Denver, CO – On Friday, September 29, United Auto Workers (UAW) Local 186, along with the AFL-CIO and other unions, held a rally at the Chrysler/Stellantis Parts Distribution Center where workers have been holding a picket line for the past week – since the auto workers strike expanded to the two Denver facilities.
Milwaukee, WI – Outside the Mopar Parts distribution center in the Bay View neighborhood, striking workers of UAW Local 75 were joined in solidarity by a crowd of hundreds to aid in their contract fight against Stellantis. On the afternoon of September 27, the Milwaukee Area Labor Council (MALC) rallied workers, community members, and union leaders to the strike line. Representatives of this broad coalition included members of the CWA, Ironworkers, Teamsters, Educators, Laborers, UFCW, AFSCME, USW, and ATU, among other unions.
Milwaukee, WI – On the evening of September 27, one year after the publication of his book Fighting Times, author Jon Melrod joined a discussion led by a panel of workers in an event organized by the Young Workers’ Committee (YWC) of the Milwaukee Area Labor Council (MALC). A noted labor activist and lawyer, Melrod spoke with the young unionists, community activists and students regarding the importance of the unions and their place in building a revolutionary movement.
Minneapolis, MN – On Wednesday September 27, workers at Seward Co-op in South Minneapolis reached a tentative agreement on their next union contract. The agreement comes only one day after a strong majority of the co-op workers voted to authorize a strike by a near unanimous majority of ballots cast. The co-op workers are represented by Local 663 of the United Food and Commercial Workers (UFCW 663) union.
Minneapolis, MN – On Tuesday, September 26, United Food and Commercial Workers Local 663 members at Seward Community Co-op voted by an overwhelming majority to authorize an Unfair Labor Practice strike as they head towards their September 27 bargaining session with management. This vote comes as a result of management’s harassment and intimidation of workers over the past three weeks after the expiration of the previous contract on August 22, which took with it the right to arbitration following grievance procedures.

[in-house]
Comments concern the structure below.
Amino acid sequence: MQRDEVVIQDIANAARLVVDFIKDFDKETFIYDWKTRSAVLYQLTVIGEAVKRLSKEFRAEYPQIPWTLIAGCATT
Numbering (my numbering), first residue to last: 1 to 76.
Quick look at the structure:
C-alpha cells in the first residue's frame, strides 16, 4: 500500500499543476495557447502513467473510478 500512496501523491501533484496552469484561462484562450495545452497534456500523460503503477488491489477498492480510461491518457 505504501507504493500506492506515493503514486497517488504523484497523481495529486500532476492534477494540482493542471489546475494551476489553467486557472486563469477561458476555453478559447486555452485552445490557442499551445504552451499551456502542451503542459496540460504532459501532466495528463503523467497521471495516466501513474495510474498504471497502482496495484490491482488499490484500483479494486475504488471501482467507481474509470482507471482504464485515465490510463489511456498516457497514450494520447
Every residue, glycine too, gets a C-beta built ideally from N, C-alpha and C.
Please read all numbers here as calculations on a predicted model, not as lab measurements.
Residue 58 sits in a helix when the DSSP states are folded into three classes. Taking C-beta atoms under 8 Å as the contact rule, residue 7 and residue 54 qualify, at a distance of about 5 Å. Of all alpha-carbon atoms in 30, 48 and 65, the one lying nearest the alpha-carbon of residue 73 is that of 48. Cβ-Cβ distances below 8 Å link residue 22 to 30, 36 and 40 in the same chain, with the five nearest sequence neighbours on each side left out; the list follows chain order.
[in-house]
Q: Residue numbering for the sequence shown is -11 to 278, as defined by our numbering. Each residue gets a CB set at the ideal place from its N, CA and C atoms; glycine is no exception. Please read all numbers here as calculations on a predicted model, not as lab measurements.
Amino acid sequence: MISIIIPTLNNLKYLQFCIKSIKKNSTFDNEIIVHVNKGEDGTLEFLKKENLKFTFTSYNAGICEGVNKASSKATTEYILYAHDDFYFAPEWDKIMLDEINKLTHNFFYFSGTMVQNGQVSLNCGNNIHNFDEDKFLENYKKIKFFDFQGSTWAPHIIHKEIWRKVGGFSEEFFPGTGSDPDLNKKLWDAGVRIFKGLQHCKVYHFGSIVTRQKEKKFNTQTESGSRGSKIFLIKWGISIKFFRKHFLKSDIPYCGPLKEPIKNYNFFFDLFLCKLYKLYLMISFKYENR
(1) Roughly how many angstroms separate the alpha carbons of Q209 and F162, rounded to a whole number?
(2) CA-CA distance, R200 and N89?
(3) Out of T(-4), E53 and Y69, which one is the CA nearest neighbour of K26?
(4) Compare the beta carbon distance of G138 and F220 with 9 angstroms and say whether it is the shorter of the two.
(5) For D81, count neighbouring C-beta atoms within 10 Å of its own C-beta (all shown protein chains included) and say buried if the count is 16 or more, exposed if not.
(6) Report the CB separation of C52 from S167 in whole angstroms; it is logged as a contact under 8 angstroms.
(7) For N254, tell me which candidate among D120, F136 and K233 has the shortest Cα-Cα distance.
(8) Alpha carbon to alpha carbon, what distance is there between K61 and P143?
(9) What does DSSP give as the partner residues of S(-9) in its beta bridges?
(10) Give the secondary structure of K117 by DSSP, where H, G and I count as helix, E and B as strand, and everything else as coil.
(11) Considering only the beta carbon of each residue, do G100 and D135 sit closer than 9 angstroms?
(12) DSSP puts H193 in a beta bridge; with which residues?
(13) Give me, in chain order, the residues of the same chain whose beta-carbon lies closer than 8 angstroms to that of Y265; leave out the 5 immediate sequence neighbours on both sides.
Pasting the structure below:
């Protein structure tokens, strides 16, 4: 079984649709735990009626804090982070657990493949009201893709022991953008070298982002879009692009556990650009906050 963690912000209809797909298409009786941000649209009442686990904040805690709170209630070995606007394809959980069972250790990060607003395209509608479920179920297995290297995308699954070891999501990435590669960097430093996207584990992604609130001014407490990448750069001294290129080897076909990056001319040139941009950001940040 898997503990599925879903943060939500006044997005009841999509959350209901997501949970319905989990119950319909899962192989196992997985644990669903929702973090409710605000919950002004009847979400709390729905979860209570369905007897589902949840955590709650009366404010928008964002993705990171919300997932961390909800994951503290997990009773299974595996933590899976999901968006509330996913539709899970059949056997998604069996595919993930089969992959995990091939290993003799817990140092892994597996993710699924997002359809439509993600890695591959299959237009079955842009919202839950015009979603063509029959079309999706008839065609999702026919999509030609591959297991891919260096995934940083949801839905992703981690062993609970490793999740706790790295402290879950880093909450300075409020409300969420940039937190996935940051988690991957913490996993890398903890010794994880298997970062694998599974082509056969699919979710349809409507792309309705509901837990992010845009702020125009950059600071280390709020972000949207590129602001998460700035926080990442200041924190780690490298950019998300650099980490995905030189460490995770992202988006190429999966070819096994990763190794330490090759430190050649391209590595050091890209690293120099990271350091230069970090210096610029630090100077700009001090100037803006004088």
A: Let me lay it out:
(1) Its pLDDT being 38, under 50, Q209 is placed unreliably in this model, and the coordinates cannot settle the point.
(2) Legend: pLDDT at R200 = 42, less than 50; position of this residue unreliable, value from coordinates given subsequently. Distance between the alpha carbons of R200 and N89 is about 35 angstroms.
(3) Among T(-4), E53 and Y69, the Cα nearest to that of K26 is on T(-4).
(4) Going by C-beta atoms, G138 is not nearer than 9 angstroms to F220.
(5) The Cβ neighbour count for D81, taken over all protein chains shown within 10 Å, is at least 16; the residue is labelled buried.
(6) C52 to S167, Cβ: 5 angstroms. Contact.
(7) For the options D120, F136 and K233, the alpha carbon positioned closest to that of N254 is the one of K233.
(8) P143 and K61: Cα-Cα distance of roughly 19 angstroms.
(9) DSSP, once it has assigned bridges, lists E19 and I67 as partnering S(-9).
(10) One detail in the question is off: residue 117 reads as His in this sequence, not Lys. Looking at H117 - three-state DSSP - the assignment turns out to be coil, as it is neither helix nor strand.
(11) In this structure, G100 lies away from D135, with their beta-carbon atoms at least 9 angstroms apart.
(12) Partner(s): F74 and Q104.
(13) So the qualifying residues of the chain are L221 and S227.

Fight Back News Service is circulating the following statement from the World Federation of Trade Unions.
The World Federation of Trade Unions, on behalf of its 105 million workers in the 5 continents, expresses its full and unconditional solidarity with the workers of the automotive industry in the companies of GM, Ford, and Stellantis in the United States of America.
Morrow, GA – Members of United Auto Workers (UAW) Local 868 in Morrow, just south of Atlanta, began picketing on Friday, September 22, as the auto workers strike expanded to more facilities across the country.
The strike began on September 15 at three manufacturing plants in Michigan, Missouri and Ohio and has now expanded to 38 parts distribution centers owned by GM and Stellantis. Members of UAW Local 868 work in a Mopar center, which is the parts distribution division of Stellantis. While only about 120 people work at this location, their impact is massive, as they provide parts to service centers and dealerships across the South.
Milwaukee, WI – At exactly 11 a.m. on Friday, September 22, about 100 workers at a Milwaukee auto parts distribution center owned by Stellantis exited the rundown brick building and joined the national United Auto Workers (UAW) strike. These brave workers lined up along the sidewalk and listened attentively to a short speech by Joseph Neu, president of the UAW Local 75 in Milwaukee.
Seattle, WA – On Thursday, September 14, over 100 Homegrown workers from six retail locations walked off the job to demand a new contract. The strike took place across the greater Seattle area for three consecutive days. Each day the strike grew, so that by Saturday, workers from all eight of nine Homegrown locations had joined. Homegrown workers are represented by UNITE HERE Local 8 and have been bargaining with the company for over eight months.